Skip to main content

MWC 2013: SK Telecom Indoor Location Demo

The first in our blog coverage of MWC 2013 is SK Telecom's indoor location demo.  Grizzly Analytics has been analyzing indoor location positioning R&D for years, and it's good to see it reaching market, with many start-up companies, phone makers, chip makers and telecom operators showing technologies and solutions.

SK Telecom's solution, shown in the video below, shows the user's location on a 3D map, and updates the location smoothly as the phone moves around the area.  Their solution also includes GeoFencing, whereby information can pop up on the screen when the user gets to a particular place.

Their indoor positioning is achieved using beacons, dedicated radio devices deployed around the area covered.  Their beacons use Bluetooth to communicate with the phones, and the phones calculate their position based on the signals received from the beacons.  The beacons also define the GeoFences for information pop-ups.

Like many solutions reaching market, SK Telecom's solution also analyzes the places that people move and stop, to give site owners hard data about which areas interest people, which paths people take as they move around, and so on.

All in all, the technology looks solid, although we were obviously seeing it in an idealized demo setting.  Their solution does require deploying beacons, which may be a downside for some, but they appear to enable good quality indoor positioning.

Here's our video of their technology in action:



To learn more about these technologies, see the Grizzly Analytics in-depth reports on indoor location positioning and GeoFencing.  You can contact us at info@grizzlyanalytics.com


Popular posts from this blog

Ultra-Wideband Poised to Enter Smartphones

Recent years have seen a constant increase in the speed at which software innovations reach market. One day’s new concept can be the next day’s innovative mobile application, the following day’s ten competing mobile applications, and the day after that’s built-in phone feature. In hardware, however, innovation tends to go slower. Addition of new hardware chips or components to smartphones, for example, are a constant worry for smartphone manufacturers, who need to be 100% certain that the new innovation won’t in some way hurt the other functions and components of the phone. Does adding a new chip affect in any way the electrical signals between the other chips? Does a new wireless component affect the radio waves of the core phone or wireless components? Do signals to or from a new antenna hurt the performance of other antennas in the device? Early cellphones and smartphones often had concerns of this sort. Some early smartphones did not include vibrate-mode because the s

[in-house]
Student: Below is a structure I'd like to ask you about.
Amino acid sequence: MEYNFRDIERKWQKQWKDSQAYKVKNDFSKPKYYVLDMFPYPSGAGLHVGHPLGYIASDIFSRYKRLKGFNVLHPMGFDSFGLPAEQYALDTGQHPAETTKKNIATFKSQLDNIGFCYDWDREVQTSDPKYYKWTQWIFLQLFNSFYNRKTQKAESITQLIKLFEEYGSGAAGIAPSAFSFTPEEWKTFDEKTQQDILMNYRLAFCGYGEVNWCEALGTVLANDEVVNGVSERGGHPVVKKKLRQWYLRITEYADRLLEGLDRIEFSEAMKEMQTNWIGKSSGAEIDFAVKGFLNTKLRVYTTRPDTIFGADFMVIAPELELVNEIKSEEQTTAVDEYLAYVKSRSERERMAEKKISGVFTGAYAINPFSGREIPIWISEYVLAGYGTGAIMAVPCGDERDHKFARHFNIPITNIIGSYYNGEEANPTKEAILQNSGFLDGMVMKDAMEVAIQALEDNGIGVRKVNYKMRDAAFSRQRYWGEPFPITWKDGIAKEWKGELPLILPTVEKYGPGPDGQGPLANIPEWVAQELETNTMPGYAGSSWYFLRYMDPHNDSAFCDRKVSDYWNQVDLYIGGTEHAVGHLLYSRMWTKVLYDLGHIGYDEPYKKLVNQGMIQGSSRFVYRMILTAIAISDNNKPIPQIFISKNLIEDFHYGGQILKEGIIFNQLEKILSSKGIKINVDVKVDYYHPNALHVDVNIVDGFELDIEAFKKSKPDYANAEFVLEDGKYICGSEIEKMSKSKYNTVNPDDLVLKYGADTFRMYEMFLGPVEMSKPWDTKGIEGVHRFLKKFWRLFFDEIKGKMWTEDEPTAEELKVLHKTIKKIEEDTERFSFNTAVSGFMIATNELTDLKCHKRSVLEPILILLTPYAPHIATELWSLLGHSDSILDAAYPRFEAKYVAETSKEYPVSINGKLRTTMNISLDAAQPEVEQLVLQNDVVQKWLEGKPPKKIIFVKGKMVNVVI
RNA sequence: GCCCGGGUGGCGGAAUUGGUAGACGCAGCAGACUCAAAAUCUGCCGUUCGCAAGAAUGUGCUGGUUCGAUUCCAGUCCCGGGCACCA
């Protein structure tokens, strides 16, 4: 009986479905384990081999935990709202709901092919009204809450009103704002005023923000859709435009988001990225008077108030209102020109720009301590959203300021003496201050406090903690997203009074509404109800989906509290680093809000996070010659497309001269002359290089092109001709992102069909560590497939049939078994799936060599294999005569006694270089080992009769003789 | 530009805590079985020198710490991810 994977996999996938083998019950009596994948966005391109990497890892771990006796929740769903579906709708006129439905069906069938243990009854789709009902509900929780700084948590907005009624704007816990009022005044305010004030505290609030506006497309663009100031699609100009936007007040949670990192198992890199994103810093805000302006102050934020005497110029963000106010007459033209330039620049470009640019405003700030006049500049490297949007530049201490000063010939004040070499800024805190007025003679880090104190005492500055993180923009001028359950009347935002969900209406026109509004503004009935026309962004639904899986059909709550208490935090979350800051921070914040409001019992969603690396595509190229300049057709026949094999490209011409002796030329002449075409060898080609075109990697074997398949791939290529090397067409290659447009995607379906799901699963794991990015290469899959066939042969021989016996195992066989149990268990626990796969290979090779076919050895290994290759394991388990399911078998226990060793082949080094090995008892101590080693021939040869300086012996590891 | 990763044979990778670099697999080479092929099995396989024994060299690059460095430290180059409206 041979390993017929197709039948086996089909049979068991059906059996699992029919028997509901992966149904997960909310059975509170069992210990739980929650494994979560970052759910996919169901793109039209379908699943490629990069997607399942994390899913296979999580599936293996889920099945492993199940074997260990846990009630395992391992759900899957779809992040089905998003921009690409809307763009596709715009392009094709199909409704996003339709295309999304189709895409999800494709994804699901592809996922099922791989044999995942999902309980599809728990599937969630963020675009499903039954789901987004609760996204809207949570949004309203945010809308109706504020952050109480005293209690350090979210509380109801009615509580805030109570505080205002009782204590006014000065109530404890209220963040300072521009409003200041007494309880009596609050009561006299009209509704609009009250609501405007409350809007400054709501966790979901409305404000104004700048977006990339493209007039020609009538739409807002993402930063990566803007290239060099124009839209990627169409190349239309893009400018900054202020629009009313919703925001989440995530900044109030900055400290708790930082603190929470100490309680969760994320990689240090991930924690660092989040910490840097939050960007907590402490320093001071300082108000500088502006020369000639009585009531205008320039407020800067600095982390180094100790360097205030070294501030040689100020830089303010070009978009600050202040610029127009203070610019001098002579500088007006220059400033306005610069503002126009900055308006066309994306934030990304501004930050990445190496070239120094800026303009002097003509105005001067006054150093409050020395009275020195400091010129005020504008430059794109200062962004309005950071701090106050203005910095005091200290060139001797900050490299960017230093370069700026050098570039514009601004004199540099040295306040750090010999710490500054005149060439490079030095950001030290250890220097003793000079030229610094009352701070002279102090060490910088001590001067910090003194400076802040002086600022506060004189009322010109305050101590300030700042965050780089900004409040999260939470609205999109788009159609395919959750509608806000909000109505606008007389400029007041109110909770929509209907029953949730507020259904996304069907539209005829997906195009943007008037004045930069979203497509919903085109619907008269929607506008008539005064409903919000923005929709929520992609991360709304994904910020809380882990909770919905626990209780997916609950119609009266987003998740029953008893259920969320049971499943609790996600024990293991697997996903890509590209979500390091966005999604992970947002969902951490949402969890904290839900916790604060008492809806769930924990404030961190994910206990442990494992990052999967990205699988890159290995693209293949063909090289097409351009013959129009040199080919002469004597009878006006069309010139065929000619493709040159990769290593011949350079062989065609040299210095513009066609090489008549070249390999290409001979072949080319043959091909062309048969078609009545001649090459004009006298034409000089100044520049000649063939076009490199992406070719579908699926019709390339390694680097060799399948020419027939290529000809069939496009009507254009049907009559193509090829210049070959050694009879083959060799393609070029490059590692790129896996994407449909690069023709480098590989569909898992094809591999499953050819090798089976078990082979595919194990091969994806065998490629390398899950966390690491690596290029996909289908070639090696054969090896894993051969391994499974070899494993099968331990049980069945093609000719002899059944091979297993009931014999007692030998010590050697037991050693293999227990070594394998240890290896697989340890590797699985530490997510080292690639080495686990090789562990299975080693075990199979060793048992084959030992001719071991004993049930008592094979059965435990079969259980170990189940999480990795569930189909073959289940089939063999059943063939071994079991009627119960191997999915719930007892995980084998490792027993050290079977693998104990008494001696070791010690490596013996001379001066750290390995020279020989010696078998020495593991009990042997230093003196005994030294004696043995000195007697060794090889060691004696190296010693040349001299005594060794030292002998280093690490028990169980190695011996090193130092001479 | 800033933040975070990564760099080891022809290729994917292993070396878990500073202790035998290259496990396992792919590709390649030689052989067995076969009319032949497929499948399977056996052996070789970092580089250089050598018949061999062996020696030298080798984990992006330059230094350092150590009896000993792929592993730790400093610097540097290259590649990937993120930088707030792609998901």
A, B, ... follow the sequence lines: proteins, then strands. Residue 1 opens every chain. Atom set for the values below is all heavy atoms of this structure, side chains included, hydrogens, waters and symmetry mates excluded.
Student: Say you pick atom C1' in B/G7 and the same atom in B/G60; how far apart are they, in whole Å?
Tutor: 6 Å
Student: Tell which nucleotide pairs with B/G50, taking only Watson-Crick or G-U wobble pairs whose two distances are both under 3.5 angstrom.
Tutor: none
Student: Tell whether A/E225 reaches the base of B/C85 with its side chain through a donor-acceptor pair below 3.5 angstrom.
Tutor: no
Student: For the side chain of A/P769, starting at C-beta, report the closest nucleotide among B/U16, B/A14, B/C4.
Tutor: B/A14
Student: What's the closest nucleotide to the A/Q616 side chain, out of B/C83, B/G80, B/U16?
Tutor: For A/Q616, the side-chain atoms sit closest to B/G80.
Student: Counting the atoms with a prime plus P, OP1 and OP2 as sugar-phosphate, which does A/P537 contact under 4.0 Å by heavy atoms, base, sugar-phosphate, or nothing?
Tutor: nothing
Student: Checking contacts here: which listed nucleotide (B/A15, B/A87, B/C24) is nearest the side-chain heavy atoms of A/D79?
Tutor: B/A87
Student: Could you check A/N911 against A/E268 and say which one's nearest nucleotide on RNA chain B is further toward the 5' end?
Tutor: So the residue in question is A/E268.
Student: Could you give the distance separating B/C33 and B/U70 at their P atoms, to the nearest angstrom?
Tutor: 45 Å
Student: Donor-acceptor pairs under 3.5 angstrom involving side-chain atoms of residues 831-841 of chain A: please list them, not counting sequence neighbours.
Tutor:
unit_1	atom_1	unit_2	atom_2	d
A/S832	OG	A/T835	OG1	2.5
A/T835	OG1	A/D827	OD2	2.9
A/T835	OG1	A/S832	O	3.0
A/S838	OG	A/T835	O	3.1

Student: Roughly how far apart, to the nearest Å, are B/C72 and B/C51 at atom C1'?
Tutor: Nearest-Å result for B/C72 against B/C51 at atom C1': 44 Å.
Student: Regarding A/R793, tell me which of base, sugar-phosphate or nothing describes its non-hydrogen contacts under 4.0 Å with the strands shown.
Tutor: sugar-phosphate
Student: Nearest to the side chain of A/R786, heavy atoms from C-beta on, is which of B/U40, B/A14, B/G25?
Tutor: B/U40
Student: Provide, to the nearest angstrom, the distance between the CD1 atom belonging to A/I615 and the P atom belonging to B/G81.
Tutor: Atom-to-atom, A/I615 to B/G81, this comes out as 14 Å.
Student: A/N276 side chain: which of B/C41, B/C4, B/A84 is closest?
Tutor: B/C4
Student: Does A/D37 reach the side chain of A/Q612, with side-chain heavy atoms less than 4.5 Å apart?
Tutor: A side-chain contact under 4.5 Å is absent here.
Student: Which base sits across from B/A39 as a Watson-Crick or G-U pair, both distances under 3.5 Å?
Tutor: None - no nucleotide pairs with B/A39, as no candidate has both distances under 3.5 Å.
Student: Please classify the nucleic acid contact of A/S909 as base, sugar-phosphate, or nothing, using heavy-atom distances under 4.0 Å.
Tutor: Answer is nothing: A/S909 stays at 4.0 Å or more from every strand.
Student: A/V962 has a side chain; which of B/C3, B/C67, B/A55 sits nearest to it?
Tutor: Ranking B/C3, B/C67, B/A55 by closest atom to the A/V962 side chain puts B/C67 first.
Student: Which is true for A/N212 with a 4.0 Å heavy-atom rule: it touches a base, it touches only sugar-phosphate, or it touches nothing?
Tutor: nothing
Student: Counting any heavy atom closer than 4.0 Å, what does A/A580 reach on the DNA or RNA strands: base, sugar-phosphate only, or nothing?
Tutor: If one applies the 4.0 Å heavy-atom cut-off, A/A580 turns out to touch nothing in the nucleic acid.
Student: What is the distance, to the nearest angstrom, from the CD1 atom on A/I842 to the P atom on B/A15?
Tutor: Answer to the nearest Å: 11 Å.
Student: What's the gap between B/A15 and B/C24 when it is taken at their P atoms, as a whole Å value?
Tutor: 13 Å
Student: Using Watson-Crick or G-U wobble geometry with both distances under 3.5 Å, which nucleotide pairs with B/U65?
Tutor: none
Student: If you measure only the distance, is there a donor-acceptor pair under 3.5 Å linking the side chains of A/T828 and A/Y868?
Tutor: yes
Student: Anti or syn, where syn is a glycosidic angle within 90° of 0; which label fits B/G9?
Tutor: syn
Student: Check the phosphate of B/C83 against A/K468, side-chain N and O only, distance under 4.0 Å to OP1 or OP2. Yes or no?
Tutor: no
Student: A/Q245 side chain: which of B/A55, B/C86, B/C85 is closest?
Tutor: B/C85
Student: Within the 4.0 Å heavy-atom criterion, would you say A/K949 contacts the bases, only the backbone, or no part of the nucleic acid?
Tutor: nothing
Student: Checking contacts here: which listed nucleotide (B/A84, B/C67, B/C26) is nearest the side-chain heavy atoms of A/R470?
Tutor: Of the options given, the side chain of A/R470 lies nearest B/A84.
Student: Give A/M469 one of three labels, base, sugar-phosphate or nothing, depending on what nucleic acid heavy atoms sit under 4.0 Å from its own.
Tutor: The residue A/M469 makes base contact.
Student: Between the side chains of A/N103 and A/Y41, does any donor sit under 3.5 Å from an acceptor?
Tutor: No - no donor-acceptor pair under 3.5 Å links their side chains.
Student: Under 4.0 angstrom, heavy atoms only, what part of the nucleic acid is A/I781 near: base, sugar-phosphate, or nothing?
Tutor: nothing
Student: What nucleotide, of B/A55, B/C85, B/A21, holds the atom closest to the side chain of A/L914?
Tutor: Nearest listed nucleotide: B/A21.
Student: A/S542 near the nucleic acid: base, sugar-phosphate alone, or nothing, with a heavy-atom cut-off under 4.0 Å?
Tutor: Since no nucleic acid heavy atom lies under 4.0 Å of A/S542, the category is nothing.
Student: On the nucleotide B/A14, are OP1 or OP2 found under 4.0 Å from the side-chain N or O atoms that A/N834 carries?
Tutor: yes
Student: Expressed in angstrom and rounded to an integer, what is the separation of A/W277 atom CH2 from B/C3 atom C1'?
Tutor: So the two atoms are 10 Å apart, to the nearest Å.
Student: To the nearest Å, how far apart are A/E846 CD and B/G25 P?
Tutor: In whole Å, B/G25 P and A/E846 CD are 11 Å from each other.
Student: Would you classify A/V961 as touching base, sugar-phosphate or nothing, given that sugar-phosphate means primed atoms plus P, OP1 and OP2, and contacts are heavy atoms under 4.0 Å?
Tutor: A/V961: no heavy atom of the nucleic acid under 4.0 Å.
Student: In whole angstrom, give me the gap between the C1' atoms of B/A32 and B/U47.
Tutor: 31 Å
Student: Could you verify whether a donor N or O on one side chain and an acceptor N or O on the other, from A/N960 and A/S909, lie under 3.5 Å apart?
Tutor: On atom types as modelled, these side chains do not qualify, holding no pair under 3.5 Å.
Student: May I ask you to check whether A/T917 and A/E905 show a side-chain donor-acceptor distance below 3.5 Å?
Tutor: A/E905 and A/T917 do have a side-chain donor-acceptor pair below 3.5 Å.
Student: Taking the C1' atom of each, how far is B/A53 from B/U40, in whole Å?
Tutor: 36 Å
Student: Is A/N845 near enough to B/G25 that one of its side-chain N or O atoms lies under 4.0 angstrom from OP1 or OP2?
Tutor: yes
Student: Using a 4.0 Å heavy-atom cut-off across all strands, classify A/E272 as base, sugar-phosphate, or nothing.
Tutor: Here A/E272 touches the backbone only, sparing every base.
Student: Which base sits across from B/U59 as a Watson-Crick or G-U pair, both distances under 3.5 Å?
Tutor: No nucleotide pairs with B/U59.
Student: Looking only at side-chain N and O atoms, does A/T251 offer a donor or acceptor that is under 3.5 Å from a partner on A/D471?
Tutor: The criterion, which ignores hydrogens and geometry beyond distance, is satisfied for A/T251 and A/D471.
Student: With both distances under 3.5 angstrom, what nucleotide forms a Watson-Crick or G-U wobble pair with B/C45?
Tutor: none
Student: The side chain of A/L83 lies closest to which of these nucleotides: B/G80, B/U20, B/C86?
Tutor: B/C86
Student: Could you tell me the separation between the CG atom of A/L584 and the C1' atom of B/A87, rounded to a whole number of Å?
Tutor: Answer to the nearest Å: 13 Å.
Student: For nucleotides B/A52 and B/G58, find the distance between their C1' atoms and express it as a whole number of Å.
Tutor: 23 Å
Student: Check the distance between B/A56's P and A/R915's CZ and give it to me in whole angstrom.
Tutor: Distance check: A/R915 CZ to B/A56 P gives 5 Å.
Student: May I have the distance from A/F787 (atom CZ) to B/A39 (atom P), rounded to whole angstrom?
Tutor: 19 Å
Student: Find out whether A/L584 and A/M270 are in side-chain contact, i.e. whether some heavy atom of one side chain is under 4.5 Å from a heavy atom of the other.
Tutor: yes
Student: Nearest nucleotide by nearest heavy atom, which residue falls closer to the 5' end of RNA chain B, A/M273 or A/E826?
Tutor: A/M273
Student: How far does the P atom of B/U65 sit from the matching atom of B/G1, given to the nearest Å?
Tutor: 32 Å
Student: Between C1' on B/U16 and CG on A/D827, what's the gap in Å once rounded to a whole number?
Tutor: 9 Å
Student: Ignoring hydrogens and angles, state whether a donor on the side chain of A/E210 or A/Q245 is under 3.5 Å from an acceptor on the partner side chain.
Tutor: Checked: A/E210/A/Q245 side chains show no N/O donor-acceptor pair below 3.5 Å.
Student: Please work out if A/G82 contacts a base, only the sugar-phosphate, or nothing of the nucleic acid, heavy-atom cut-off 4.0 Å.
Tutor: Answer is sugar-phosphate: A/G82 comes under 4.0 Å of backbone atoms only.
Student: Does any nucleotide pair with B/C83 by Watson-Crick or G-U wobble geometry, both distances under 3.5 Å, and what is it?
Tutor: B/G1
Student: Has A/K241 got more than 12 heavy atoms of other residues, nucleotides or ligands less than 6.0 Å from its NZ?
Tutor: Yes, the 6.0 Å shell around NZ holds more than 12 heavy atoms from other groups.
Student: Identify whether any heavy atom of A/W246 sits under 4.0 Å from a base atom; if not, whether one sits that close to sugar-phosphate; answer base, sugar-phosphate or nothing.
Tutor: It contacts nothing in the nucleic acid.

Intel demos indoor location technology in new Wi-Fi chips at MWC 2015

Intel made several announcements  at MWC 2015, including a new chipset for wireless connectivity (Wi-Fi) in mobile devices. This new chipset, the 8270, include in-chip support for indoor location positioning. Below we explain their technology and show a video of it in action. With this announcement, Intel joins Broadcom, Qualcomm and other chip makers in moving broad indoor location positioning into mobile device hardware. The transition of indoor location positioning into chips is a trend identified in the newest Grizzly Analytics report on Indoor Location Positioning Technologies , released the week before MWC 2015. By moving indoor location positioning from software into hardware, chips such as Intel's enable location positioning to run continuously and universally, without using device CPU, and with less power consumption. Intel's technology delivers 1-3 meter accuracy, using a technique called multilateration, generating a new location estimate every second. While 1-

Intel acquiring gesture recognition start-up InVision Biometrics

News broke this morning ( here , here ) that Intel is about to acquire Israeli start-up company InVision Biometrics .  The company has developed 3D sensor technology that recognizes human movement, including gestures, and interprets them for a wide variety of applications. The company's technology is based on, and apparently builds on, research by Professor Ron Kimmel at the Technion Institute of Technology.  Professor Kimmel has a number of patents in this and other areas, some owned by the Technion and some licensed to companies. For Israel, dubbed the Start-Up Nation , this acquisition continues a number of trends.  It's Intel's second acquisition of an Israeli start-up company in October alone, having acquired Telmap at the beginning of the month.  Both acquisitions are interesting in that they move Intel into new areas that have been previously handled by software.  Grizzly Analytics predicts that Intel will acquire more start-ups in software areas that they can